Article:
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5 Exercises to Strengthen Your Core

Even if you have very little time for structured exercise, you should try to fit in some core exercises. This article will explain what exactly the core is, why core exercise is important and provide you with 5 exercises you can do to strengthen your core.

5 Exercises to Strengthen Your Core title

What is the core?

Many people think core exercise is synonymous with abdominal exercises. Abdominal exercises are part of it, but your core actually includes quite a bit more than your abs. Your core muscles are the muscles that provide stability in other areas of fitness and in everyday activities.

The core muscles include everything from below the chest to the legs. This includes the back muscles, the abdominal muscles, the diaphragm, and the glute muscles.

Why should you exercise the core muscles?

As mentioned above if you are doing any other exercise, then core muscles are essential. They keep you stable when you walk. If you are trying to maintain a straight back when doing pushups, then core muscles are essential.

Core muscles help to maintain posture. By having the proper balance of strength and flexibility in your core muscle you will be able to stand tall your whole life.

Strong core muscles can help to ease back pain. If you have back pain, you will want to consult your physician about it to determine the cause. One of the things they may suggest is core exercise and stretching.

Strong core muscles can help to prevent injury. Because the core muscles act as stabilizing muscles they help to prevent unwanted movement and injury.

What core exercise doesn’t do - help you lose belly fat

One of the main reasons that women turn to core exercises is the hope that they will lose belly fat. Unfortunately you can’t spot reduce. Working the muscles in the core does not cause the fat to disappear.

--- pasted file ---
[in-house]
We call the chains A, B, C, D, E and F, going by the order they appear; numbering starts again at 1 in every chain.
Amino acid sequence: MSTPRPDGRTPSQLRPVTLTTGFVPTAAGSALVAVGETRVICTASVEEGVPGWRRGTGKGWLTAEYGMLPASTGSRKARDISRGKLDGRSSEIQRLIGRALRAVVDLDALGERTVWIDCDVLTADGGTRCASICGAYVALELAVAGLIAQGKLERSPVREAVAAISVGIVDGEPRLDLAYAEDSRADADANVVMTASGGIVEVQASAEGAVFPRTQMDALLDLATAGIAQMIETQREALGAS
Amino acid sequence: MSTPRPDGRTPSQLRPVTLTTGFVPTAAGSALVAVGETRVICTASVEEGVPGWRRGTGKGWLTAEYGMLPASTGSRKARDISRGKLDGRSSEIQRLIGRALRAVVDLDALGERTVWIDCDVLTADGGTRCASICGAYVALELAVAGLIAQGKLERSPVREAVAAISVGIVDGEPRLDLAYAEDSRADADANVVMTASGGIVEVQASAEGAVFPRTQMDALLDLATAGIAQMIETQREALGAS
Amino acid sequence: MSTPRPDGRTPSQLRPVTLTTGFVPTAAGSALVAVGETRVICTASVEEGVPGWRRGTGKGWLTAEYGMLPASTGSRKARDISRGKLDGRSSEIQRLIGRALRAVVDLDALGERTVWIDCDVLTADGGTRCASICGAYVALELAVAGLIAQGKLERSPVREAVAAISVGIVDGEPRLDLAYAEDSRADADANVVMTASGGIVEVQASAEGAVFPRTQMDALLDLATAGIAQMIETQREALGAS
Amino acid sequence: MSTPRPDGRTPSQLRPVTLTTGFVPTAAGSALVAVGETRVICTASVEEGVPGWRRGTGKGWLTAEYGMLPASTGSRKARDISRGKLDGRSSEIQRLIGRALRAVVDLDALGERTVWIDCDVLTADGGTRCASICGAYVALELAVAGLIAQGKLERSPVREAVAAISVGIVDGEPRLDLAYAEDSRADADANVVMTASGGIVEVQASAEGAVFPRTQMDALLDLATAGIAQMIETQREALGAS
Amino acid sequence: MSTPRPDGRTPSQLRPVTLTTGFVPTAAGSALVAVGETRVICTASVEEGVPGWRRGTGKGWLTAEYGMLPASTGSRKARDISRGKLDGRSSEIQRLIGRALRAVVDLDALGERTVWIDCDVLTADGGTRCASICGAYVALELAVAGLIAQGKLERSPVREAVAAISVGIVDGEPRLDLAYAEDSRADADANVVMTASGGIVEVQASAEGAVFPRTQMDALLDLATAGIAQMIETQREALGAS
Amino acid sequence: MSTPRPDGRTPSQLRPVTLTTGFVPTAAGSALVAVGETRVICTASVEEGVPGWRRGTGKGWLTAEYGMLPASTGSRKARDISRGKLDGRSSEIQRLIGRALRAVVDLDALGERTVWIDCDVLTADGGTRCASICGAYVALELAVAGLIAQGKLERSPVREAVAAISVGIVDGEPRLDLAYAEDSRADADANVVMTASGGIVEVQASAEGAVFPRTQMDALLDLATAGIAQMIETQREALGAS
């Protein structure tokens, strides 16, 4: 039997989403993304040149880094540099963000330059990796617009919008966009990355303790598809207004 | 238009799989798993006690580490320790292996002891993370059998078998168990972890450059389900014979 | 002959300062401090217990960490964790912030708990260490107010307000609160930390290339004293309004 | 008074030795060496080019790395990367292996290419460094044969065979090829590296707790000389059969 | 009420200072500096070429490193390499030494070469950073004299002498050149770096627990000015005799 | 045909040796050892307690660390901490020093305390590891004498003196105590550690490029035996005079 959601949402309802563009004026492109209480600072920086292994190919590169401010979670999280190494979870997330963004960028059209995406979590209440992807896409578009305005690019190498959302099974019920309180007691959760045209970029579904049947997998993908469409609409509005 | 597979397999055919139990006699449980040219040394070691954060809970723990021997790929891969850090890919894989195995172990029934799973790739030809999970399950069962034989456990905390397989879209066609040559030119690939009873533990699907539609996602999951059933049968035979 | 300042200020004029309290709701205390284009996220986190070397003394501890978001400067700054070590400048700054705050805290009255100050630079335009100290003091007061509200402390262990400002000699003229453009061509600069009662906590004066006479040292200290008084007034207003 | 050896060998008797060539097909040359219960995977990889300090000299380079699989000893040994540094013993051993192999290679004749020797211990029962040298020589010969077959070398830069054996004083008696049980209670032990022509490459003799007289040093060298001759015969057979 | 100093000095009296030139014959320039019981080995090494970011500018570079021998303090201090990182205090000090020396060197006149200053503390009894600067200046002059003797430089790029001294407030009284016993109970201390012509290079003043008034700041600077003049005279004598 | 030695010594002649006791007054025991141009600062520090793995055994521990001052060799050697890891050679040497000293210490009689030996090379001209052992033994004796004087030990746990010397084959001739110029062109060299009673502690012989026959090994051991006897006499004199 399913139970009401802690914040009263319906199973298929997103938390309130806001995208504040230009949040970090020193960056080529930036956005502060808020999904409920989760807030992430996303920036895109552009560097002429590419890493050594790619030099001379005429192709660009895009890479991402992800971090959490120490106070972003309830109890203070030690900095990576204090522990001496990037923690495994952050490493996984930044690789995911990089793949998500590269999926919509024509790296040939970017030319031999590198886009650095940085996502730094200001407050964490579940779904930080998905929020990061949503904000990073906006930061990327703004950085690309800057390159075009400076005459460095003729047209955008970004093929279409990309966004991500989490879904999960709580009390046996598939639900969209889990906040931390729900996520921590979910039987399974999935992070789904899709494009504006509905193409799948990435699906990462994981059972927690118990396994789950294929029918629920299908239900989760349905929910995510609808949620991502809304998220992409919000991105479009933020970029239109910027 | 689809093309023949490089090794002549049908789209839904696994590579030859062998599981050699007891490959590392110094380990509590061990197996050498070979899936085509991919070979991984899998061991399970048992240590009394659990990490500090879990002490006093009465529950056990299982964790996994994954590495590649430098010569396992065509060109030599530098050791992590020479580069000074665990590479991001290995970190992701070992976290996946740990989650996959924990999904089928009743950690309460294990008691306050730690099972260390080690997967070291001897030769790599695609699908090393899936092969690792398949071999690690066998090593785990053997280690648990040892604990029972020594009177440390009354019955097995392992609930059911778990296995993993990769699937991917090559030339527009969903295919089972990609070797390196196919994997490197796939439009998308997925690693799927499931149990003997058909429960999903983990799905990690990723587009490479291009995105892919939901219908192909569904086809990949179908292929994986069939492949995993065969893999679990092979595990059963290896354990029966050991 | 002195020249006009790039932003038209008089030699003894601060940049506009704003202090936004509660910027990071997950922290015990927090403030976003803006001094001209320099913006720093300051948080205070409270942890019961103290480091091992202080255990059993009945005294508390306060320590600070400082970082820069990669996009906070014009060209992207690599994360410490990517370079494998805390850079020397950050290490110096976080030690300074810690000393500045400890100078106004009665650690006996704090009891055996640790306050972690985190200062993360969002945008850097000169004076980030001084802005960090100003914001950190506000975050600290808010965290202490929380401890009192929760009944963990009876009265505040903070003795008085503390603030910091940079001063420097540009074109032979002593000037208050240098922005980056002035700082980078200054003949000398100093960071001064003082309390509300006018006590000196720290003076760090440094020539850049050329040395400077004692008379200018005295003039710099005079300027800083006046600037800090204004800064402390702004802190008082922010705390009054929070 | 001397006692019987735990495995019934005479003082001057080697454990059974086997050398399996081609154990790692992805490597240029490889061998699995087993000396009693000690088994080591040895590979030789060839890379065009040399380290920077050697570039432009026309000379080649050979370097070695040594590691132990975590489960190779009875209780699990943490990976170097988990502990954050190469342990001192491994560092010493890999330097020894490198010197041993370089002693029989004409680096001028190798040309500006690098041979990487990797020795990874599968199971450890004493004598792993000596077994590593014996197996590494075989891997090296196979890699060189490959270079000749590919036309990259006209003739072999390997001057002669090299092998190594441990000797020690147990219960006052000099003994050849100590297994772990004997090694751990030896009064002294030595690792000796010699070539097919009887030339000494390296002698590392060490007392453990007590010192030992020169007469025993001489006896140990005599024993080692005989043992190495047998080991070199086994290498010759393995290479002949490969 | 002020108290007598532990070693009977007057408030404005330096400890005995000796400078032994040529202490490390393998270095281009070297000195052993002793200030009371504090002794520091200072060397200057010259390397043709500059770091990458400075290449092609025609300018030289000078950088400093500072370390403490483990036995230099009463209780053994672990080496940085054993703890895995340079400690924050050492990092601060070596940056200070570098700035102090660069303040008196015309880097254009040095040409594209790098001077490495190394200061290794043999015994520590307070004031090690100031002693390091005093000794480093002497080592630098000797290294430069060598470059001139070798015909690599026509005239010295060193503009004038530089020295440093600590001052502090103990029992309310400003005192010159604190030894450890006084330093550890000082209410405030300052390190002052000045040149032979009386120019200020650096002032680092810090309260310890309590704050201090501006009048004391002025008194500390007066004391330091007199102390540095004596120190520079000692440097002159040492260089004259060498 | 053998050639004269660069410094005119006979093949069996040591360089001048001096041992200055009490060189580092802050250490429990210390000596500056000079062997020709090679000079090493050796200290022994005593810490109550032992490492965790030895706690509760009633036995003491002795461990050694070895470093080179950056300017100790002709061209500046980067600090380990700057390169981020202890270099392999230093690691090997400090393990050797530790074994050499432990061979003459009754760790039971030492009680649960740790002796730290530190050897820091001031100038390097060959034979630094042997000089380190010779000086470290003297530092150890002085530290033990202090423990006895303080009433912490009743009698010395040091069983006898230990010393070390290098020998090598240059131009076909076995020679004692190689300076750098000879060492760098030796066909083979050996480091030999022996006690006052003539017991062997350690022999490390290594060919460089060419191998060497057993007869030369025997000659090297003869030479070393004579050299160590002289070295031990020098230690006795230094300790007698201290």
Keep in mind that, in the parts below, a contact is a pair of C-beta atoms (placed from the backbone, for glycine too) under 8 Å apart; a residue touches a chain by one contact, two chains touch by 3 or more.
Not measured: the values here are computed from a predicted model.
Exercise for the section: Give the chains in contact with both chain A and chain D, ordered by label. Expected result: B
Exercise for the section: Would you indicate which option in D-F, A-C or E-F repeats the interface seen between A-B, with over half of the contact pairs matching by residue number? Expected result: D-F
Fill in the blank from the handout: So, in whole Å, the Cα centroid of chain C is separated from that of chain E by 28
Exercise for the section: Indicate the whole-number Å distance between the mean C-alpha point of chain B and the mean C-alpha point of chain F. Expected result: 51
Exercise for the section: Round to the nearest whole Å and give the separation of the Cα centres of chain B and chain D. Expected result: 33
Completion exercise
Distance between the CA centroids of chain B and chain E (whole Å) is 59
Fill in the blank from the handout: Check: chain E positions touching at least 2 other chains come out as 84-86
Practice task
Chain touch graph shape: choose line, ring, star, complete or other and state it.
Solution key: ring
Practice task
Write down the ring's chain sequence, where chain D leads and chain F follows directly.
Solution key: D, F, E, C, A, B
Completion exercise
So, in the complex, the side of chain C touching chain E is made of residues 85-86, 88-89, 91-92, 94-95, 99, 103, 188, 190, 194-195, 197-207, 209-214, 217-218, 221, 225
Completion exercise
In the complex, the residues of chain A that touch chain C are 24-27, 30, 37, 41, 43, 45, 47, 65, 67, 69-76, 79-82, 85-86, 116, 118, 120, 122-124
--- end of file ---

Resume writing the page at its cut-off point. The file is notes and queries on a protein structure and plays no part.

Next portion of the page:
Having a strong core may help you to do other exercises for longer without getting injured so you can lose weight and reduce the amount of belly fat.

What core exercises should you do?

There are plenty of core exercises, good and bad. I’m providing a sample of core exercises that are safe for most people and target the major muscles in the core.

Plank

The plank is considered one of the best core exercises for targeting the inner abdominal muscles which are used for stabilizing the core.

To do the plank, lie on your stomach on a mat. Place your forearms on the mat in front of you. Your elbows should be under your shoulders. Lift yourself up into the plank position and hold. Your back should be straight from your head to your heels. Don’t lift your bottom up too high and don’t let your back side. If your back starts to hurt, you should stop. Make sure to keep breathing normally.

How long should you hold it? The world record is over 4 hours. But most experts agree that less is better. You can hold for 10 seconds and repeat several times, or hold for 30 and repeat 2 or 3 times.

If you find the full plank on the floor too difficult, then go from your knees or elevate your arms on a table or bench.

 

 

Kneeling wood chopper

The kneeling wood chopper works the abdominal muscles, and obliques.